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Risk factors of stroke not just for the over sixties, warns Old Mutual

26 October 2021 Old Mutual

Every hour in South Africa, 10 people are likely to suffer from a stroke. According to the Heart and Stroke Foundation South Africa, this leads to nearly 70 deaths a day nationally. Strokes are also one of the leading causes of illness claims and show up as one of Old Mutual’s ‘Big 4 Illnesses’ alongside cancer, heart attacks and coronary artery bypass grafts. As a group, the Big 4 made up 70% of all Illness insurance claims in 2020.

Typically labelled an elderly disease, in reality, anyone is at risk of having a stroke, says Dr. Kerissa Naidoo, Chief Medical Officer at Old Mutual.

“A stroke is a cardiovascular disorder that occurs when the blood supply to the brain from the carotid arteries is interrupted,” says Naidoo.

“People with comorbidities, such as diabetes and cardiovascular disease are at higher risk of developing severe Covid-19 infection,” she adds.

“This is why it is crucial for South Africans to recognise the impact of heart disease at any life stage and take the necessary precautionary steps early on, to ensure they are financially protected.”

Old Mutual’s 2020 Claim Statistics show that cardiovascular disorders – which include heart attacks and strokes - remain the second-most claimed for illness for a second year in a row, accounting for 27% of all illness insurance claims and last year the youngest claimant in this illness category was just 25.

“The main causes of a stroke are uncontrolled blood pressure and an abnormal heart rhythm,” says Naidoo. “That said, most strokes do not have a single cause, but rather many factors that together increase the chance of cardiovascular disease, which eventually may result in a stroke.”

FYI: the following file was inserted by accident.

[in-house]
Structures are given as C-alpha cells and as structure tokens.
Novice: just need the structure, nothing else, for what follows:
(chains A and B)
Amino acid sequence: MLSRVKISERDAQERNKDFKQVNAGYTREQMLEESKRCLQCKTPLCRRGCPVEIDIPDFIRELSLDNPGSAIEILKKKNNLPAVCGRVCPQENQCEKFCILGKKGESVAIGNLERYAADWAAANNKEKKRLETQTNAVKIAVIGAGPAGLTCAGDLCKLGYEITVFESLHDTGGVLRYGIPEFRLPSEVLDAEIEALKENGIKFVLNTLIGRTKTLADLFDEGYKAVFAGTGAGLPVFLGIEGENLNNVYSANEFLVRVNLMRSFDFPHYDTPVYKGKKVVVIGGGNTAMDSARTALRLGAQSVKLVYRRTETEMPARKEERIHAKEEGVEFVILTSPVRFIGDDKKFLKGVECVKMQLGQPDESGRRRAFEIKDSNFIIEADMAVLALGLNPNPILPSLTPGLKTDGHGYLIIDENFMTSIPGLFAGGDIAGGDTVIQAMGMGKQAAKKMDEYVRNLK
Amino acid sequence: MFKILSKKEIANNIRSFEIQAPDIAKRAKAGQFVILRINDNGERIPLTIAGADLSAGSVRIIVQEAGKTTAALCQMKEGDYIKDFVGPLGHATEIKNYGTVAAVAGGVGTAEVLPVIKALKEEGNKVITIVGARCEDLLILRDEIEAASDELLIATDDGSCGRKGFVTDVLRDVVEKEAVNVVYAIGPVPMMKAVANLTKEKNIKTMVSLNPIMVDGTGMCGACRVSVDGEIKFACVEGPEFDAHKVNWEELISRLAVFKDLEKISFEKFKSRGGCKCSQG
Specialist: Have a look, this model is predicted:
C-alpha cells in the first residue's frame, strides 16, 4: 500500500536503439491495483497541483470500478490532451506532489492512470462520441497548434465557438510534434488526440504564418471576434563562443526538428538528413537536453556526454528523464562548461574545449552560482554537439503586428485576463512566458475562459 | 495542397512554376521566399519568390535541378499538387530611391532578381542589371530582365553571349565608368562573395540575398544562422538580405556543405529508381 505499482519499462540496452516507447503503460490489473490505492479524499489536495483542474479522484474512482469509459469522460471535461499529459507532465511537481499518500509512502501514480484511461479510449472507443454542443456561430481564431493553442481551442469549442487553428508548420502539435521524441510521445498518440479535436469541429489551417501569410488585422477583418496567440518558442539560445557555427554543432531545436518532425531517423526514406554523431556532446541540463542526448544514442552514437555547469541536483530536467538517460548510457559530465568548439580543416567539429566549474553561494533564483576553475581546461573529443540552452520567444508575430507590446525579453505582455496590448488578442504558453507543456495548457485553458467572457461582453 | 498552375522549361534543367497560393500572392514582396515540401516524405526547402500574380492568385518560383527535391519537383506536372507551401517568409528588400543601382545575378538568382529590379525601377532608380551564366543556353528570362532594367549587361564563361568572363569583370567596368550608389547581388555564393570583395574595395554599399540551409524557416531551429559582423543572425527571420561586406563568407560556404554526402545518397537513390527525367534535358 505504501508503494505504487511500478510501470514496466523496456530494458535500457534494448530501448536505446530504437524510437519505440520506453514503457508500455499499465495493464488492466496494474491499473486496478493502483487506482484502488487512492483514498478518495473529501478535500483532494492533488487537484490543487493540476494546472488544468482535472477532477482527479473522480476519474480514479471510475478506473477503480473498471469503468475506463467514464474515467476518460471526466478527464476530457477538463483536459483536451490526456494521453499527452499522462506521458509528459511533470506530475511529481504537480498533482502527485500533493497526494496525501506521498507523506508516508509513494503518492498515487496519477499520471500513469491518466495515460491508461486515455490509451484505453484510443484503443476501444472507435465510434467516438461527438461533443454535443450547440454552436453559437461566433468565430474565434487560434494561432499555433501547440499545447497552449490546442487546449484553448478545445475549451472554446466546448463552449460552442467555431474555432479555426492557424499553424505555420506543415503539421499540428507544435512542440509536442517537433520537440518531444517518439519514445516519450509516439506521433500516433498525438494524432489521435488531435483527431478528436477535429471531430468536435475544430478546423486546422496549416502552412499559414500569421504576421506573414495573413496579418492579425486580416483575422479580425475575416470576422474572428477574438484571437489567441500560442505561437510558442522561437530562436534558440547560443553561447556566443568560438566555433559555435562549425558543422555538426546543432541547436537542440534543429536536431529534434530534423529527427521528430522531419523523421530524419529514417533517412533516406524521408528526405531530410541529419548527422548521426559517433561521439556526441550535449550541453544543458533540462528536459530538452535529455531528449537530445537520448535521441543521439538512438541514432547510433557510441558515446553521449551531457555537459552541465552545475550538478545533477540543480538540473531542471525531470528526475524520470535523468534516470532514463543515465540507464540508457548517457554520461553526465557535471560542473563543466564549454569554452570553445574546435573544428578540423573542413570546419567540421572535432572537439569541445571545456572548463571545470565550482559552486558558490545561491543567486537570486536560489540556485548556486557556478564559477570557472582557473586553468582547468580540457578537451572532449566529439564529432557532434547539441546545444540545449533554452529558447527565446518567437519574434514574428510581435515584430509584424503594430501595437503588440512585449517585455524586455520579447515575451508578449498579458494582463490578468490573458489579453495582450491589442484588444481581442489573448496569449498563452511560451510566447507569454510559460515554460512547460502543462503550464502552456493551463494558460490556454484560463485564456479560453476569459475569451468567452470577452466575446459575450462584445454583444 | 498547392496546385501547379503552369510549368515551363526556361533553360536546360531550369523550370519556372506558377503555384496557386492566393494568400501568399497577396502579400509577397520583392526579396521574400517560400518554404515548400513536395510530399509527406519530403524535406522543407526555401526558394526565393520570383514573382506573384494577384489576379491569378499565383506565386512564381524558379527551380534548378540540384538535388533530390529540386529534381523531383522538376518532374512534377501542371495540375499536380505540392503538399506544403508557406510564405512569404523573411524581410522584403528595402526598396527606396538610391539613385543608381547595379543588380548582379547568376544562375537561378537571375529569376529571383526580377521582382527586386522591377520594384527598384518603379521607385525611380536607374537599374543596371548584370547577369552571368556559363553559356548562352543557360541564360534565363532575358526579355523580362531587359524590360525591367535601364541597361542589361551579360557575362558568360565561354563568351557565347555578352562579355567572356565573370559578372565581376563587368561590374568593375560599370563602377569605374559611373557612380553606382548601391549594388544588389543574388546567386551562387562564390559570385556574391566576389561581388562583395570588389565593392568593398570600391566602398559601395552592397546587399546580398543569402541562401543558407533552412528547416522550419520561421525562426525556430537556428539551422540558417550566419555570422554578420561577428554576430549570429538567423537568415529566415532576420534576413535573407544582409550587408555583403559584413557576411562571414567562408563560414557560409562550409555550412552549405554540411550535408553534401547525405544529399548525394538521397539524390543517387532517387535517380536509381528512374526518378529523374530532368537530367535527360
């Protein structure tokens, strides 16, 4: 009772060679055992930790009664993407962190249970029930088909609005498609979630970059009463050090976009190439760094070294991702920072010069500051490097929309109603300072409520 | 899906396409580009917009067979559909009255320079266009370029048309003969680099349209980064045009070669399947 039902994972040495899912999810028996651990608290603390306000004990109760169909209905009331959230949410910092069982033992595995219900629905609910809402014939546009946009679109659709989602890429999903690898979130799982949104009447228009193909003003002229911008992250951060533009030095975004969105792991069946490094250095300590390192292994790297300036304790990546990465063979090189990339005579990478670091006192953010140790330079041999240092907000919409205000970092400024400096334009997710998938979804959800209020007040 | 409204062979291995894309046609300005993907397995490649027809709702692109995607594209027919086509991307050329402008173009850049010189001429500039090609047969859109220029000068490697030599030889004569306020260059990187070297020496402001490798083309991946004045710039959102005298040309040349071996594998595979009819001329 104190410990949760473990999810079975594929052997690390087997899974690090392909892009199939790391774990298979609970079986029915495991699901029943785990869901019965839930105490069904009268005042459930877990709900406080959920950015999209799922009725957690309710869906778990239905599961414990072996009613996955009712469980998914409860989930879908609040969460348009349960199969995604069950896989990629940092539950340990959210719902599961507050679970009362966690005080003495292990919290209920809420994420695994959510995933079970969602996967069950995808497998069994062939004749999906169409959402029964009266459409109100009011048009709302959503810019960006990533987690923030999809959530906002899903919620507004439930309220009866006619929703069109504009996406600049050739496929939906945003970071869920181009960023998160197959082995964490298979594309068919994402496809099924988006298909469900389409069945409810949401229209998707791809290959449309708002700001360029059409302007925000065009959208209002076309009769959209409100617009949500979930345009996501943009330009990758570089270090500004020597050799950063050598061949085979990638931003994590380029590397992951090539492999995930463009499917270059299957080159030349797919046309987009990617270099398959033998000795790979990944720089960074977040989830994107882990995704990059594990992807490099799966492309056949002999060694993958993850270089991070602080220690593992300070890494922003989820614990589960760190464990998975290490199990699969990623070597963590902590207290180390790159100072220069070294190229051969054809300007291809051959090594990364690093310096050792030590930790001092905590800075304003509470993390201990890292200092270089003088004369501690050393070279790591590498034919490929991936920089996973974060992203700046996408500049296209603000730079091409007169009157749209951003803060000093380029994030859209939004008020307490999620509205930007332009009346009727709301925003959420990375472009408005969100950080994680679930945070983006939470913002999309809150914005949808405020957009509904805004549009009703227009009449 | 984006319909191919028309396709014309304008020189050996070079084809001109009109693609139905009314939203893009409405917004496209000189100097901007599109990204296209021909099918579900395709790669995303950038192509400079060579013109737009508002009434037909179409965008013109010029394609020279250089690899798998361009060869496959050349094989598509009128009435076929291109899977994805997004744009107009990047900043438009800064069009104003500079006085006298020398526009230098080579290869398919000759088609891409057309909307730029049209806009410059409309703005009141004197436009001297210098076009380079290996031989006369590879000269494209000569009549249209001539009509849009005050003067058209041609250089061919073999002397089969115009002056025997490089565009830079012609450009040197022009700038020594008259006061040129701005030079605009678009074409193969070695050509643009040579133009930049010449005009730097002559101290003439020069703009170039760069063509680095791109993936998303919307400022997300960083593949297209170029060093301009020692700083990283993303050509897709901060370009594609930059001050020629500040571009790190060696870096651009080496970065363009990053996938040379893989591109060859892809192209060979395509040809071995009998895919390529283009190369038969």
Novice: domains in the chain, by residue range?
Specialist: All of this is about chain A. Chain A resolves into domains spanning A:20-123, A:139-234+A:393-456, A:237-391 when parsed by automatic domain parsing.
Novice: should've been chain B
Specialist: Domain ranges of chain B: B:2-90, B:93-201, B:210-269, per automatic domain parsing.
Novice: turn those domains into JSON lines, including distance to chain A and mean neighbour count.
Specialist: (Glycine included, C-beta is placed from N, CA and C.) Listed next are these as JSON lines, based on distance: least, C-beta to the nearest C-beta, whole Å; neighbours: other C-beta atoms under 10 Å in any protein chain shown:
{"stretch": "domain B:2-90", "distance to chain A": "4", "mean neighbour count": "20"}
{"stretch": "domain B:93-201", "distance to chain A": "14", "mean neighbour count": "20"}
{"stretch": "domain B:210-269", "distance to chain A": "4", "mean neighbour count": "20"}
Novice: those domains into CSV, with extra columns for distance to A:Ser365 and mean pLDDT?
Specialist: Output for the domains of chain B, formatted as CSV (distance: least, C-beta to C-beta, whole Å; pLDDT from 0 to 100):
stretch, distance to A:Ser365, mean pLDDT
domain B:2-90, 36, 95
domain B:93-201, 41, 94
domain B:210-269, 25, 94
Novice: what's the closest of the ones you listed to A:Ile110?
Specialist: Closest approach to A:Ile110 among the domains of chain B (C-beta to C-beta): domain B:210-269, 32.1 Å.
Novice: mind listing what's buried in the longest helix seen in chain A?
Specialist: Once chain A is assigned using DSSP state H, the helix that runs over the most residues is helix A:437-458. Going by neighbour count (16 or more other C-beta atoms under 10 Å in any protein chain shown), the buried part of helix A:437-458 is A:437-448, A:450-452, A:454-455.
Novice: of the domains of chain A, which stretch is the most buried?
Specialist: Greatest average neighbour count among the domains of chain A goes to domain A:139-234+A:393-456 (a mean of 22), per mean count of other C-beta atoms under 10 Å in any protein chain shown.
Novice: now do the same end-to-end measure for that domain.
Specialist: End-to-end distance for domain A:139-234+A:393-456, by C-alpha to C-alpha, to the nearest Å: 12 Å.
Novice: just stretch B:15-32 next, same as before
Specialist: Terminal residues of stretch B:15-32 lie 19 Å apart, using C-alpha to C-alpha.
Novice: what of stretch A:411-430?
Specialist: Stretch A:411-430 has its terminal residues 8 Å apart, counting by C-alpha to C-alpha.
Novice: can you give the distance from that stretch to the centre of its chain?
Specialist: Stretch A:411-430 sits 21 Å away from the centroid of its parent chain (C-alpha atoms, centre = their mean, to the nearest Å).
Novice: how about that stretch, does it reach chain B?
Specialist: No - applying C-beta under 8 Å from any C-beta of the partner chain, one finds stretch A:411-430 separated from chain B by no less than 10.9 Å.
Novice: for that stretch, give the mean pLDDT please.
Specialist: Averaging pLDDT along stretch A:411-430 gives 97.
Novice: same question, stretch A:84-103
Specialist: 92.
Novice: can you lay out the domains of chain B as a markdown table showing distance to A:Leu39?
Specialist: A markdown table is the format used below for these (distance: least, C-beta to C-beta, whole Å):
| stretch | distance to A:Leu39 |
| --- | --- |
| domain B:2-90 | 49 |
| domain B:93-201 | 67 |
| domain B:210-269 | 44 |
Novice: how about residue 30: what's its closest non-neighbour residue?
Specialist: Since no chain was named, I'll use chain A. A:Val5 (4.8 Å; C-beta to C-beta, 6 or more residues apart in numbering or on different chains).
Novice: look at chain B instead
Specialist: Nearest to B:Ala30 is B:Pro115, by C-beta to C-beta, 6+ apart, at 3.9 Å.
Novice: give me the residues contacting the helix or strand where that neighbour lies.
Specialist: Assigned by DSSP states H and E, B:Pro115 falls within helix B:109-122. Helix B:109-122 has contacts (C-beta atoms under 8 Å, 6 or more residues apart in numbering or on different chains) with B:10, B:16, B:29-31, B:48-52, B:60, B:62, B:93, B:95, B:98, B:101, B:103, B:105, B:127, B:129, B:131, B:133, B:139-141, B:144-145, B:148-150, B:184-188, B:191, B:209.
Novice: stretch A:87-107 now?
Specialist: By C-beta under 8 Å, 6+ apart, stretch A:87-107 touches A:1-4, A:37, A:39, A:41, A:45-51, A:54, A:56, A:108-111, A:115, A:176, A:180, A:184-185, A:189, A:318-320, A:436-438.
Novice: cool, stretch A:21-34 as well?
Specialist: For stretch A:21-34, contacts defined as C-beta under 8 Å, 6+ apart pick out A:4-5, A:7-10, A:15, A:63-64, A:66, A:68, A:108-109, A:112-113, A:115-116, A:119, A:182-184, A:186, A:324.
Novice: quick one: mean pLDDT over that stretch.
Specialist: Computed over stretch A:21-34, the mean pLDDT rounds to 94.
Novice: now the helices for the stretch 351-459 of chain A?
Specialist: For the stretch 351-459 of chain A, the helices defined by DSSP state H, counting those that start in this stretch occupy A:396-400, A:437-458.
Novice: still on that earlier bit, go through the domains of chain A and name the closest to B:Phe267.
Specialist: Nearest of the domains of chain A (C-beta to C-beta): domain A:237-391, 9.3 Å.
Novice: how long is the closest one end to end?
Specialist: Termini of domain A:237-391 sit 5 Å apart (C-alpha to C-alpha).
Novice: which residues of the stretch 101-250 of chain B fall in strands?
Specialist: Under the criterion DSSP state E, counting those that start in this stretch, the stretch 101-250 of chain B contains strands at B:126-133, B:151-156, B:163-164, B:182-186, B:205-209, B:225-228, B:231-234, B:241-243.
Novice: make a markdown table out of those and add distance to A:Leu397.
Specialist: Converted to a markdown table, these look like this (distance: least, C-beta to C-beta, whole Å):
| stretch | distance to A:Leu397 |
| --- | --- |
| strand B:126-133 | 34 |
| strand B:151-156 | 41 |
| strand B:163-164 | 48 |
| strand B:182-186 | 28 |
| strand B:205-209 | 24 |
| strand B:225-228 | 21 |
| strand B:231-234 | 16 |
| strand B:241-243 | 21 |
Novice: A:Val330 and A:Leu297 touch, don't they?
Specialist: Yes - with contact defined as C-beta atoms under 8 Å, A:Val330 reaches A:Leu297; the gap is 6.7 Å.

While these factors may not directly cause the stroke to occur, they contribute to its development, and are therefore called risk factors.

Naidoo admits that some risk factors are uncontrollable, such as increasing age, genetics or family history. “The good news is that certain risk factors are controllable,” she adds, including body weight, physical activity, smoking and alcohol consumption.

“These lifestyle factors are the most likely reasons why younger people are increasingly affected by cardiovascular diseases.”

Thankfully, 80% of deaths from strokes before the age of 65 can be prevented simply by making healthy lifestyle changes such as regular exercise and improved diet, and by proactively screening for and controlling cholesterol, blood pressure and blood sugar levels.

While leading a healthy lifestyle may be the best preventative measure, it does not provide any guarantees, says Naidoo. “This is why illness insurance should play an important role in protecting you from the unpredictability of life, in helping to secure the best possible care should you develop a condition such as a stroke.”

“While younger South Africans may feel far removed from the risks of suffering a stroke, it is becoming increasingly clear that strokes should not be a concern reserved only for the over sixties. World Stroke Day on 29 October 2021 affords us the opportunity to recognise the role of comprehensive illness insurance in providing the best possible physical and financial protection in the event of severe illness, regardless of your age,” says Naidoo.

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The second draft amendments to Regulation 28 will allow retirement funds to allocate up to 45% of their assets to SA infrastructure, with a further 10% for rest of Africa; but the equity & offshore caps remain unchanged. What are your thoughts on the proposal?

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